Search Images Maps Play YouTube News Gmail Drive More »
Sign in
Screen reader users: click this link for accessible mode. Accessible mode has the same essential features but works better with your reader.

Patents

  1. Advanced Patent Search
Publication numberUS4967212 A
Publication typeGrant
Application numberUS 07/414,306
Publication dateOct 30, 1990
Filing dateSep 29, 1989
Priority dateSep 30, 1988
Fee statusLapsed
Publication number07414306, 414306, US 4967212 A, US 4967212A, US-A-4967212, US4967212 A, US4967212A
InventorsYoshiharu Manabe, Junko Tomita, Atsushi Shinozaki
Original AssigneeRicoh Company, Ltd.
Export CitationBiBTeX, EndNote, RefMan
External Links: USPTO, USPTO Assignment, Espacenet
Image recorder
US 4967212 A
Abstract
An image recorder capable of recording an image by a predetermined line width with no regard to the operating conditions and ambient conditions by causing the line width of an image into coincidence with a predetermined referece line width. A driver controllably drives an exposing device in response to optical data. A line width sensor means the line width of a visible image developed by a developing device. Control means controls, in response to the line width sensed by the sensor, the driver such that the line width coincides with a predetermined reference line width, and corrects the controllable drive of the exposing device by the driver.
Images(5)
Previous page
Next page
Claims(8)
What is claimed is:
1. An image recorder for causing exposing means to render optical data representative of an image on a photoconductive element in the form of a latent image, causing developing means to develop said latent image, and transferring the resulting developed image to a recording medium, said image recorder comprising:
driving means for controllably driving said exposing means in response to the optical data;
line width sensing means for sensing a line width of the developed image; and
control means for controlling, in response to the line width sensed by said line width sensing means, said driving means such that said line width coincides with a predetermined reference line width, and correcting controllable drive of said exposing means by said driving means, said control means comprising arithmetic means for producing a difference between the sensed line width and the reference line width.
2. An image recorder as claimed in claim 1, wherein said line width sensing means comprises a reflection type photosensor.
3. An image recorder as claimed in claim 1, wherein said line width sensing means comprises a CCD array.
4. An image recorder for causing charging means to uniformly choose a photoconductive element, causing exposing means to render optical data representative of an image on the charged photoconductive element in the form of a latent image and to render optical data representative of a reference pattern on the charged photoconductive element in the form of a latent image, and causing developing means to develop said latent images, said image recorder comprising:
line width sensing means for sensing a line width of the developing visible image of the reference pattern; and
correcting means for correcting operating conditions of the recorder by causing the line width of the visible image of the reference pattern sensed by said line width sensing means into coincidence with a predetermined reference line width.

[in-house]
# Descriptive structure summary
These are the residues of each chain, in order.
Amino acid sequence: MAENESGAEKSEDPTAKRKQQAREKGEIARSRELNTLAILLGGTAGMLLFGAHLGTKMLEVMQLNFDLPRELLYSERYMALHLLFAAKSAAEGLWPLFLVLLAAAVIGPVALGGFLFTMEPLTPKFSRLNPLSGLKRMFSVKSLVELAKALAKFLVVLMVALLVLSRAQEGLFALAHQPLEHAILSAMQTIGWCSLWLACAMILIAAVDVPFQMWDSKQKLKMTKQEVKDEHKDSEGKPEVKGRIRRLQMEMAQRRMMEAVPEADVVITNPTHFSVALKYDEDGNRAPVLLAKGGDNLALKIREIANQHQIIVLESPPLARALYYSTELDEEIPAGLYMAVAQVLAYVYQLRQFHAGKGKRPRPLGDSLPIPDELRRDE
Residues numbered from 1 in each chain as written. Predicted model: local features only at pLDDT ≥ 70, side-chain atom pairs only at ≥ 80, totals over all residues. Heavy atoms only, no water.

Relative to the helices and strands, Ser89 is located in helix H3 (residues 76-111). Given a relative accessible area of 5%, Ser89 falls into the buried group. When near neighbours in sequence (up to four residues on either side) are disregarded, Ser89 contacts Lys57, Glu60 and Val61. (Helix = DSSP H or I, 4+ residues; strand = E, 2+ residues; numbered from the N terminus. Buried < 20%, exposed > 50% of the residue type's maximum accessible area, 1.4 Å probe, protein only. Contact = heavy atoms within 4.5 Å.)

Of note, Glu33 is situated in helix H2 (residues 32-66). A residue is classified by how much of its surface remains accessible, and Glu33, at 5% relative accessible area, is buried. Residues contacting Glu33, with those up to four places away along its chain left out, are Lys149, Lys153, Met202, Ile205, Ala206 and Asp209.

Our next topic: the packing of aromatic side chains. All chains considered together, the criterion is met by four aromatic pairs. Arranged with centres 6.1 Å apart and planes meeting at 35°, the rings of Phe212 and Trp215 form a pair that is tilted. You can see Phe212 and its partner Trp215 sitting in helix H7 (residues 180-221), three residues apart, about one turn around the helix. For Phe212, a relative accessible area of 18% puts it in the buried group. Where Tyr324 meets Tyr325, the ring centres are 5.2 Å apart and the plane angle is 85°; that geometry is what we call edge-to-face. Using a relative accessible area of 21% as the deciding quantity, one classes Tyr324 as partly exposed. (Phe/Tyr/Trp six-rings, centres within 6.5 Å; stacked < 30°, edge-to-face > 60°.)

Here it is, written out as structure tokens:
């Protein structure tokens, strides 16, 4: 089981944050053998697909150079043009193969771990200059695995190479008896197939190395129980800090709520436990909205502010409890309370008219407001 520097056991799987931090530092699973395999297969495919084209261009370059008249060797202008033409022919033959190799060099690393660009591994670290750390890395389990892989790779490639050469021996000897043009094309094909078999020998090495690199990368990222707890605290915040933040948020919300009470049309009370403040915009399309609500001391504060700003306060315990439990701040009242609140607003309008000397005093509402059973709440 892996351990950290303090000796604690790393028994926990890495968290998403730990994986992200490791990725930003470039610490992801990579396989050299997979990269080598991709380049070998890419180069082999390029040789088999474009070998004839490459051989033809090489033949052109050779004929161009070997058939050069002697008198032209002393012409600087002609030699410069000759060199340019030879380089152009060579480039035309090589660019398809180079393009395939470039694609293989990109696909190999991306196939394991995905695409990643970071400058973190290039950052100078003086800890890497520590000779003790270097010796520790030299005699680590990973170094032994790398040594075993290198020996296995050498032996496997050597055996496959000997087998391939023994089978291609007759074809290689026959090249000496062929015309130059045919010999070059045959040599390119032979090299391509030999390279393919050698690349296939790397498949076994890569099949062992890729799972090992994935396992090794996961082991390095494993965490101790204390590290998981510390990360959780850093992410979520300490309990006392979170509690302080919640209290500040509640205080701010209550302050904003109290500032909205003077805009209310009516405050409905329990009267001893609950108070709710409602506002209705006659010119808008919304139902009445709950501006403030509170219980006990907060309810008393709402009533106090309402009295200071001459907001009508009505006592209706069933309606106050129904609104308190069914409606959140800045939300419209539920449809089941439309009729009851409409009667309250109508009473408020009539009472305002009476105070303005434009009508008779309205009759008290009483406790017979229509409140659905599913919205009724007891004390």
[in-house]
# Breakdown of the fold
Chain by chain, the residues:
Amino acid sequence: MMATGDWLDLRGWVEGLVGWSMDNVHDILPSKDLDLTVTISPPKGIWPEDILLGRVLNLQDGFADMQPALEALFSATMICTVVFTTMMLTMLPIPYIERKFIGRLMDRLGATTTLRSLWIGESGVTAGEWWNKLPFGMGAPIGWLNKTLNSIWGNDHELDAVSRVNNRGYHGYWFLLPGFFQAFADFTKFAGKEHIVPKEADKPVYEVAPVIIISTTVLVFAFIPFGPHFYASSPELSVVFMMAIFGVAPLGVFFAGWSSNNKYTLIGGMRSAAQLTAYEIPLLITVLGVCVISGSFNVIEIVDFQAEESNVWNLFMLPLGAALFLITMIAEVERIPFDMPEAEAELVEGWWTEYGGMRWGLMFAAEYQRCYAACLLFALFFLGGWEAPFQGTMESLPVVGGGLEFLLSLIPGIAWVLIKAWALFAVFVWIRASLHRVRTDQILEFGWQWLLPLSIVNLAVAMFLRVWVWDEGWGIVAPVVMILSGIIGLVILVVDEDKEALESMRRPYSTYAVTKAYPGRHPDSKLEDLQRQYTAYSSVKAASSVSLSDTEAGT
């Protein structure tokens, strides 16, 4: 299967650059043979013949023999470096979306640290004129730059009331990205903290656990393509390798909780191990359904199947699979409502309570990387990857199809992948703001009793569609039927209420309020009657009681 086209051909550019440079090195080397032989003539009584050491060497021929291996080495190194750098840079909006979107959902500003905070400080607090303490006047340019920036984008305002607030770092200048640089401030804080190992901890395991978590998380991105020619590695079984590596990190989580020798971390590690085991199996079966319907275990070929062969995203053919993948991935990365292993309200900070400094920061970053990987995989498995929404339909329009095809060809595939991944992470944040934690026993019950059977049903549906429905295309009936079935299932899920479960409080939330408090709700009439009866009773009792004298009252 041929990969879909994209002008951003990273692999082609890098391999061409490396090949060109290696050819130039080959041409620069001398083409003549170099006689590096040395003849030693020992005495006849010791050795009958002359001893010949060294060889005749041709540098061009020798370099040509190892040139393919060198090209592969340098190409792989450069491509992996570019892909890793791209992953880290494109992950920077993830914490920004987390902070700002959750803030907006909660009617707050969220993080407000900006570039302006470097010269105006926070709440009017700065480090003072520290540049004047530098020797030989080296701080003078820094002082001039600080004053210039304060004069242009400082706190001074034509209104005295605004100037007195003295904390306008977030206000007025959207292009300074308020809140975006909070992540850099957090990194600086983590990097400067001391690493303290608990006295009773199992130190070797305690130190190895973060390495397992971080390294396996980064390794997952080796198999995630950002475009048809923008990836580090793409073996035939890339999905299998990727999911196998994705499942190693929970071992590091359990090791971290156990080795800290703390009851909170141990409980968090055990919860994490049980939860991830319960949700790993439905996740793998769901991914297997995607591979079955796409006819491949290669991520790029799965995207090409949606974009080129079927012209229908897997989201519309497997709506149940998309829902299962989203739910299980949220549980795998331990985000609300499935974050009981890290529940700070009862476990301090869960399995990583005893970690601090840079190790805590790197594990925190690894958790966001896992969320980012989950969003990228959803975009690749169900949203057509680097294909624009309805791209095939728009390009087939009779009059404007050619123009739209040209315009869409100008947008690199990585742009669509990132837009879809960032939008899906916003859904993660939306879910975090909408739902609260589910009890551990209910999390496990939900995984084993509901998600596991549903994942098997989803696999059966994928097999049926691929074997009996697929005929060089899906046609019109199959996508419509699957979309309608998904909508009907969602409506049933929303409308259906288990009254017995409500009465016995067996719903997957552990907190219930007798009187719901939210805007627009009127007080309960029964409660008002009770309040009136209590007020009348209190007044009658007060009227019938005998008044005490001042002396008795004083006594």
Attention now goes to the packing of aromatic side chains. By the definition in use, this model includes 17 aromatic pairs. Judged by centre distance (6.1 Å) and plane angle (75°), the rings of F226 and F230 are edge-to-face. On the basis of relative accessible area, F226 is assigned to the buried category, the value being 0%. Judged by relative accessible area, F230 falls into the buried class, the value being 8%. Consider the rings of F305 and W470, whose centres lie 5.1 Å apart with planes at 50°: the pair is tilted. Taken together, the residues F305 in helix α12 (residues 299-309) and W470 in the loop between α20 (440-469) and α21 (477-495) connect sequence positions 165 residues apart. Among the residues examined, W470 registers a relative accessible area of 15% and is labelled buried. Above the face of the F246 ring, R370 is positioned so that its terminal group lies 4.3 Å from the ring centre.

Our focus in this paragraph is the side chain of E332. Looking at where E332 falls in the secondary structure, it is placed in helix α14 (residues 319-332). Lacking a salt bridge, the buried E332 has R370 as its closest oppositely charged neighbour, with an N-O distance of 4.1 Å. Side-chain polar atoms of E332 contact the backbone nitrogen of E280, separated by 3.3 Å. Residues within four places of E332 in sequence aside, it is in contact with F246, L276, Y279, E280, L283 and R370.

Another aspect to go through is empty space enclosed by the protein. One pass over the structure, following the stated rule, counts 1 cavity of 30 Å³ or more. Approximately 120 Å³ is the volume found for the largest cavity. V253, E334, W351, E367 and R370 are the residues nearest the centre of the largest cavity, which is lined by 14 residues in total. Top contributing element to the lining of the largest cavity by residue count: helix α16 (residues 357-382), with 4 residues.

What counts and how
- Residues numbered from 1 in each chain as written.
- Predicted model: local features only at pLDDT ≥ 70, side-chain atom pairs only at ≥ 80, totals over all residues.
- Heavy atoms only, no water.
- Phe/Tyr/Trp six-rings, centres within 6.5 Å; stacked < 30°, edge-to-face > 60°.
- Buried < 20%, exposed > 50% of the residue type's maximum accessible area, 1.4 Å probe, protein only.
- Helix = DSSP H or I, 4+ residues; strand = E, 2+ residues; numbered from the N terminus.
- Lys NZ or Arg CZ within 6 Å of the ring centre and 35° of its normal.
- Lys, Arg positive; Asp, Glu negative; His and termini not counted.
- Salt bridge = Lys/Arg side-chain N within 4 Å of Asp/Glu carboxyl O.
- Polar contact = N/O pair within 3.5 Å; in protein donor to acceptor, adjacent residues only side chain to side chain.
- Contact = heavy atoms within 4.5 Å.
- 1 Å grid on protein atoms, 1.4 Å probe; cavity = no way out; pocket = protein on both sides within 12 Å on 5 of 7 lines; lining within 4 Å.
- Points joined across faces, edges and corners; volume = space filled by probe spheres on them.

5. An image recorder as claimed in claim 4, wherein the operating conditions are corrected by controlling said exposing means to adjust an amount of exposure.
6. An image recorder as claimed in claim 4, wherein said line width sensing means comprises a reflection type photosensor.
7. An image recorder as claimed in claim 4, wherein said line width sensing means comprises a CCE array.
8. An image recorder as claimed in claim 4, wherein said correcting means comprises arithmetic means for producing a difference between the sensed line width of the visible image of the reference pattern and the predetermined reference width.
Description
BACKGROUND OF THE INVENTION

The present invention relates to an image recorder of the kind using an electrophotographic procedure and, more particularly, to an image recorder capable of producing a clear-cut image having a predetermined line width at all times with no regard to its operating conditions and ambient conditions by causing the line width of an image into coincidence with a predetermined reference width.

A prerequisite with a laser printer, facsimile machine, electrophotographic copier or similar electrophotographic image recorder is the stable image reproducibility. A current trend in the image recorders art is, therefore, toward a digital and high-density architecture. In parallel with this trend, there is an increasing demand for the high reproducibility and stability of a line width which is the basis of character images and graphic images, i.e., the reproducibility of a minimum pixel density. It has been reported that a line image or a dot image available with an electrophotographic image recorder undergoes a change in line width due to changes in various factors such as operating conditions and ambient conditions. Typical of such factors are the sensitivity of a photoconductive element, or image carrier, which varies with temperature, and the surface condition of the same which is susceptible to ozone and other harmful gases generated by various chargers. Another factor having influence on the line width is the particle size of a toner which is used as a developer. The change in line width is apt to thicken, deface, thin or blur reproduced characters and lines.